Lubaina Himid becomes oldest victor of UK's Turner Prize

Joann Johnston
December 6, 2017

Himid is the first black woman to win the prize, as well as the oldest-ever victor, at 63.

THE TURNER Prize 2017 has been awarded to Lubaina Himid, it was announced yesterday evening at a ceremony in Hull Minster, in partnership with Tate and Hull UK City of Culture 2017. Her own work challenges these boundaries, as seen in her solo show Revenge, featuring consecutive paintings of black women protagonists and memorials to the horrors of the transatlantic slave trade, at Rochdale Art Gallery and the South Bank Centre, London, in 1992, which contested the pictorial narratives so frequently repeated in art history.

The Turner Prize award money is 40,000 pounds ($54,000), with 25,000 pounds going to the victor and 5,000 pounds each for the other short-listed artists.

All of this - and much else besides - makes her newsworthy. The exhibition opens with Himid's monumental Freedom and Change, 1984, which appropriates and transforms the female figures from Picasso's Two Women Running on the Beach (The Race), 1922, into black women, powerfully and humorously subverting one of the most canonical paintings in Western art history.

Himid was announced the victor at a ceremony at the Ferens Art Gallery in Hull, which is now hosting the Turner Prize exhibition.

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The exhibition's centrepiece is 1987's A Fashionable Marriage, which is based on William Hogarth's Marriage a la Mode. Organizers had lifted a previous age limit to reflect the fact that artists can produce their best work at any age. Margaret Thatcher and Ronald Reagan are the feted (not to say fated) lovers as the countess and the lawyer Silvertongue.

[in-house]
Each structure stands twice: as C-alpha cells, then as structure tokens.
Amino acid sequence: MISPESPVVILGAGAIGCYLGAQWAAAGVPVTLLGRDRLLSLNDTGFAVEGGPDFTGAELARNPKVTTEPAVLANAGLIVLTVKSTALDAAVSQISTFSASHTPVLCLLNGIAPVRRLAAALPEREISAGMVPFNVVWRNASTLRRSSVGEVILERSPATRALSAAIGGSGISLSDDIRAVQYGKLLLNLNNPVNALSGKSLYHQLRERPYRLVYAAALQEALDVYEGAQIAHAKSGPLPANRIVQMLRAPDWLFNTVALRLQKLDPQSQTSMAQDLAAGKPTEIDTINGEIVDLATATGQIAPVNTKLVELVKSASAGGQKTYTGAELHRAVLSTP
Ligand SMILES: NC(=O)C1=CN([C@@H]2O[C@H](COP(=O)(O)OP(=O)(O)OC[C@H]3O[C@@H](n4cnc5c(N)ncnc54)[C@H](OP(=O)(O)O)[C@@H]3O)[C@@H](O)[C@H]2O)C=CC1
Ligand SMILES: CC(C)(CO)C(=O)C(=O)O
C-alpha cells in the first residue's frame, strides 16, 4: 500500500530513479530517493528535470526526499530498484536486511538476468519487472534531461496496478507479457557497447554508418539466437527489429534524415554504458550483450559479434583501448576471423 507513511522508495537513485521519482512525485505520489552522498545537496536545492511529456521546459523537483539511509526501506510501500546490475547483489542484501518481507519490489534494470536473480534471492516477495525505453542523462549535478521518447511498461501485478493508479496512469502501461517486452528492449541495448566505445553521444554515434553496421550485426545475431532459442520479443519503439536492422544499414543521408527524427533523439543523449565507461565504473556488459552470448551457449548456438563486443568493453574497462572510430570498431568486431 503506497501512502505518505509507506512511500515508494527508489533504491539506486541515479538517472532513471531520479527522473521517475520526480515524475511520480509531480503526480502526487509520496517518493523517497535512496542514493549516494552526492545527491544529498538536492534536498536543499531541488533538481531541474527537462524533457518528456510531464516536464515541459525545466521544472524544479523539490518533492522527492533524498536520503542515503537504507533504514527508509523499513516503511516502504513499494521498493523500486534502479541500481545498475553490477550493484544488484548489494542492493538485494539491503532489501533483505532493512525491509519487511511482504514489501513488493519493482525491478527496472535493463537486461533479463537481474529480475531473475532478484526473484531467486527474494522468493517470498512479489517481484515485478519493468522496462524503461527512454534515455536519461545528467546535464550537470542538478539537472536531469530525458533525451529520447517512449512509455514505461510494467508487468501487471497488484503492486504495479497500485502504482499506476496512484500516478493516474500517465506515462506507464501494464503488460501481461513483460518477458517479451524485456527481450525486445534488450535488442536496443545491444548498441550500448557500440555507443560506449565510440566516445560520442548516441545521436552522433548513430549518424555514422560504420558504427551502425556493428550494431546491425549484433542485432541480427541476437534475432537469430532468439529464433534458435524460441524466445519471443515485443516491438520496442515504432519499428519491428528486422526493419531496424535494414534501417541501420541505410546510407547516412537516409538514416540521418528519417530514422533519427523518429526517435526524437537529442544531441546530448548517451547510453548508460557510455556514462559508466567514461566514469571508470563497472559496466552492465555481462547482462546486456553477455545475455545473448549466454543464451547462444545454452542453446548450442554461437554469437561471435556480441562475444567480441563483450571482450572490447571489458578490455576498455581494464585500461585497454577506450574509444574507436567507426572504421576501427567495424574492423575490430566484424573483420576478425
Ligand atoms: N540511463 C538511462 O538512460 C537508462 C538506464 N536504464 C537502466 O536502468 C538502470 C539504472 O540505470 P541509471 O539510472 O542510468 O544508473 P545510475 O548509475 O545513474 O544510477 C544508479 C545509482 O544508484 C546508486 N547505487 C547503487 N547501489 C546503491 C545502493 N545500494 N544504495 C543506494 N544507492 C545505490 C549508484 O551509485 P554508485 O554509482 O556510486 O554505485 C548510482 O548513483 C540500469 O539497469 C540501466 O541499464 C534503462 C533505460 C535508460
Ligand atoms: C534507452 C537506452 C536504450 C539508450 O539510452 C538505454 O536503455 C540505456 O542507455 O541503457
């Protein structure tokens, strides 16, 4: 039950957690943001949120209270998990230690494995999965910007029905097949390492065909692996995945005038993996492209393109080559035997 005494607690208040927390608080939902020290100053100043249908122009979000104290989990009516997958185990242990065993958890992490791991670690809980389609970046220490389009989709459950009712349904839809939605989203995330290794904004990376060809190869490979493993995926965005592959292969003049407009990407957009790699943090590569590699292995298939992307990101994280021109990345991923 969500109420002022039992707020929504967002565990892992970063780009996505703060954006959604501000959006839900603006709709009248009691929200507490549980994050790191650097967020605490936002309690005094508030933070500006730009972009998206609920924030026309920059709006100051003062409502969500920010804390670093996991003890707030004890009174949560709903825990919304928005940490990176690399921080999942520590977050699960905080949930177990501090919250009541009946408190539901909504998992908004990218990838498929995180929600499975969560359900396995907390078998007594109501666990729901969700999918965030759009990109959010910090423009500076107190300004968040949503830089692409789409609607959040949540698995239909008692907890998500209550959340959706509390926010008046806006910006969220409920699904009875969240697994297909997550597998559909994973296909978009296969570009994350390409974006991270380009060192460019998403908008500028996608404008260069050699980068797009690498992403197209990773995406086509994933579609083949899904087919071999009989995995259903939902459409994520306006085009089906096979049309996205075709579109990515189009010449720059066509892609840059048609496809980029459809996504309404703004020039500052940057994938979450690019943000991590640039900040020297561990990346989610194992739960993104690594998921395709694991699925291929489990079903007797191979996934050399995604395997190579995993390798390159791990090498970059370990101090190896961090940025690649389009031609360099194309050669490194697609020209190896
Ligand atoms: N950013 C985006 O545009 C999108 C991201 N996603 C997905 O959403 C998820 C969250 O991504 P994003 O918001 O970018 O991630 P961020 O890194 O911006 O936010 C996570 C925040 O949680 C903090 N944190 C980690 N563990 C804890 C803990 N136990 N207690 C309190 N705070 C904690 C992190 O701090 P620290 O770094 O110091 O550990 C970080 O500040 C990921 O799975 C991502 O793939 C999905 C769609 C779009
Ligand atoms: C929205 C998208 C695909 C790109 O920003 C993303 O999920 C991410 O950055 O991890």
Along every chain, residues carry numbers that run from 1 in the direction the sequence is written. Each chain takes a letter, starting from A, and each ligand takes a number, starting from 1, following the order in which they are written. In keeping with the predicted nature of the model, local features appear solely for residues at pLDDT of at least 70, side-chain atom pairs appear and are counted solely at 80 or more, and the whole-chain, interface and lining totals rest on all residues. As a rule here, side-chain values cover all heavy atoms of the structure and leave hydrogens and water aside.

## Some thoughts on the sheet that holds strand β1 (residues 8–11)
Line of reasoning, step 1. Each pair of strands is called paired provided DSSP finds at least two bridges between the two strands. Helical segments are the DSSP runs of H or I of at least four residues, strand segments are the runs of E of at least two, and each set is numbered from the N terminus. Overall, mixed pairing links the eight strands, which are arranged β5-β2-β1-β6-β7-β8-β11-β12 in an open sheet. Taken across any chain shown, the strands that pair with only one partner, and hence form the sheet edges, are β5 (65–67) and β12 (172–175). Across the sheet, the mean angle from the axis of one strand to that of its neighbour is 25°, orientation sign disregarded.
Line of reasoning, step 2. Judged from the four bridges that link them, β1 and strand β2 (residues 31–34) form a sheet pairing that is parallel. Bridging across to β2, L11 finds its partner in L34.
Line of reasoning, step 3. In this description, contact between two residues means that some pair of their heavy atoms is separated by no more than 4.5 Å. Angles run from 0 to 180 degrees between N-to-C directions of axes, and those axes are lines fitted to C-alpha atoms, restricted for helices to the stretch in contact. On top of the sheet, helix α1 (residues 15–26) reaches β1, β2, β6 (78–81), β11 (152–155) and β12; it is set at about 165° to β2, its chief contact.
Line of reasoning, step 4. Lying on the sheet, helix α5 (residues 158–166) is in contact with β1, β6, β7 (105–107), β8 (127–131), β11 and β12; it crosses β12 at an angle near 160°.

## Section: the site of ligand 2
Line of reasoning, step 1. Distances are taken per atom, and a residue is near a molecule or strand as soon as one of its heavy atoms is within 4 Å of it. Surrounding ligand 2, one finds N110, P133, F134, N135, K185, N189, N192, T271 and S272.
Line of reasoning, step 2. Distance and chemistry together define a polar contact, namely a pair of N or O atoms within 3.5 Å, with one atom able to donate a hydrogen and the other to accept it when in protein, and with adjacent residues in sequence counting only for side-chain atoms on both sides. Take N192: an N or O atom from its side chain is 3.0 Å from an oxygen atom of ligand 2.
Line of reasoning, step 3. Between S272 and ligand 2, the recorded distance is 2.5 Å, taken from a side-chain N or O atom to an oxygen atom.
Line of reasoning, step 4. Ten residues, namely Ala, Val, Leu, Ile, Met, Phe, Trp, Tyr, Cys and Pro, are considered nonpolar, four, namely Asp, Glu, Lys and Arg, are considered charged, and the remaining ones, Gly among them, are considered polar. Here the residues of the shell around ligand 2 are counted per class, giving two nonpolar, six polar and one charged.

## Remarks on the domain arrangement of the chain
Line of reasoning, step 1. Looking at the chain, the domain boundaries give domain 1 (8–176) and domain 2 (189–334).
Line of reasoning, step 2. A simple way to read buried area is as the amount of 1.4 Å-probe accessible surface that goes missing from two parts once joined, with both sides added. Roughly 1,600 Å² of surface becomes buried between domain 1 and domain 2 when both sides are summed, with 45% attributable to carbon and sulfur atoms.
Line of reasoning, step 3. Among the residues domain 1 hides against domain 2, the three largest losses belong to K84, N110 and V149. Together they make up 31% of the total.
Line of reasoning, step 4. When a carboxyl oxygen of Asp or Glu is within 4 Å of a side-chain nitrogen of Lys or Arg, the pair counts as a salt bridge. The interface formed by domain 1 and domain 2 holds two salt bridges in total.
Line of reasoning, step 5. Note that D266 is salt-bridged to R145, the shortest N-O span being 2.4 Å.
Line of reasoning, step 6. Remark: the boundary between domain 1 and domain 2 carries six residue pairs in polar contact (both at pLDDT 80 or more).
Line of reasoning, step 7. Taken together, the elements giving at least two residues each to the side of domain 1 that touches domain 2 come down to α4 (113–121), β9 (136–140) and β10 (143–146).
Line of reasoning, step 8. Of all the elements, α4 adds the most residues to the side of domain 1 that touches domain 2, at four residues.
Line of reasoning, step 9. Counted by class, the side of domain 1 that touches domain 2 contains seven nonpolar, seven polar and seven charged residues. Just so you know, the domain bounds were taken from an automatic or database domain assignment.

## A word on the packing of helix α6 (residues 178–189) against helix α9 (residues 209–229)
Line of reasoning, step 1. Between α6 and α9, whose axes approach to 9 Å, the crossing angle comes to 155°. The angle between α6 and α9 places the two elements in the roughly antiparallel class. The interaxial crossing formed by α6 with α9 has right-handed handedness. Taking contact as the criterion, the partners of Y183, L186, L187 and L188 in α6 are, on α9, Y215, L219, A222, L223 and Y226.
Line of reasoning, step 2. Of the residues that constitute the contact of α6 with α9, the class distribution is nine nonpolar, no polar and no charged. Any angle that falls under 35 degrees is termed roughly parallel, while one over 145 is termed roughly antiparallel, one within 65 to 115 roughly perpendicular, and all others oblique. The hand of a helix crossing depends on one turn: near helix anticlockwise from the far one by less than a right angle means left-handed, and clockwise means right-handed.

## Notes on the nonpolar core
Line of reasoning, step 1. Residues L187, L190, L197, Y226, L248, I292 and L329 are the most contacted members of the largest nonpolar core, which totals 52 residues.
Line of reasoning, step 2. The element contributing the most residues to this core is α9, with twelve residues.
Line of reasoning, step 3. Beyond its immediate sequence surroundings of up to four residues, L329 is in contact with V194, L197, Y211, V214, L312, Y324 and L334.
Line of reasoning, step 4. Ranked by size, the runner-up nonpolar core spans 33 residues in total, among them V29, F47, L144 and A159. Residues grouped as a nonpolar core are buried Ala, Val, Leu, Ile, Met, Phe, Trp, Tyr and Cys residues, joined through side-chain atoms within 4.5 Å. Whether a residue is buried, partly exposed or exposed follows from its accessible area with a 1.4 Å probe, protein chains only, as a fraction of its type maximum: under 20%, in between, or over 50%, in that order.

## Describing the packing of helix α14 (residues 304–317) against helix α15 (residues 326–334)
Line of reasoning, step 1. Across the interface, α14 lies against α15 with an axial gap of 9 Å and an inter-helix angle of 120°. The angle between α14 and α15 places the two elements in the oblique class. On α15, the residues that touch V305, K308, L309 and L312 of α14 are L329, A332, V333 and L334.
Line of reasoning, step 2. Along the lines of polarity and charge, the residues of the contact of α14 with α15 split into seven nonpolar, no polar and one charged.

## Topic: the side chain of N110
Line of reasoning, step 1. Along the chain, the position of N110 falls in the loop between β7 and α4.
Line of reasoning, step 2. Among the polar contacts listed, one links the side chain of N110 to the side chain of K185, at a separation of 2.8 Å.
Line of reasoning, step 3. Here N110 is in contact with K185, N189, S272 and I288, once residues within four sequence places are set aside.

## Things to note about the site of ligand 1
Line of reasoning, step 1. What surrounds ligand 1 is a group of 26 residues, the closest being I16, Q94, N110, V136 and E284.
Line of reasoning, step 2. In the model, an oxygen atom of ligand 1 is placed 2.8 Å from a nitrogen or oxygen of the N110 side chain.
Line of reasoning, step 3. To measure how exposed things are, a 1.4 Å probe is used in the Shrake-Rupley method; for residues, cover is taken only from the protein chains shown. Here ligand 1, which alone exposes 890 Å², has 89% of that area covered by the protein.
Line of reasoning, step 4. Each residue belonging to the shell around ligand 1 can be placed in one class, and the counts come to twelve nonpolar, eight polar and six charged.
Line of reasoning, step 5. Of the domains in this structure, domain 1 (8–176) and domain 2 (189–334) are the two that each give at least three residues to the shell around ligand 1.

The winning artist said she felt "like I won it for a lot of people, so that's why it means a lot". In all probability, she herself will now make the front page of the paper. The jury was chaired by Alex Farquharson, the director of Tate Britain.

The jury made a decision to reward her for the "vitality of her work" and "the seriousness of the issues she deals with, which are very relevant today", said Tate Britain museum director and president of the award jury, Alex Farquharson.

The prize's panel said they admired Himid's "expansive and exuberant approach to painting which combines satire and a sense of theatre".

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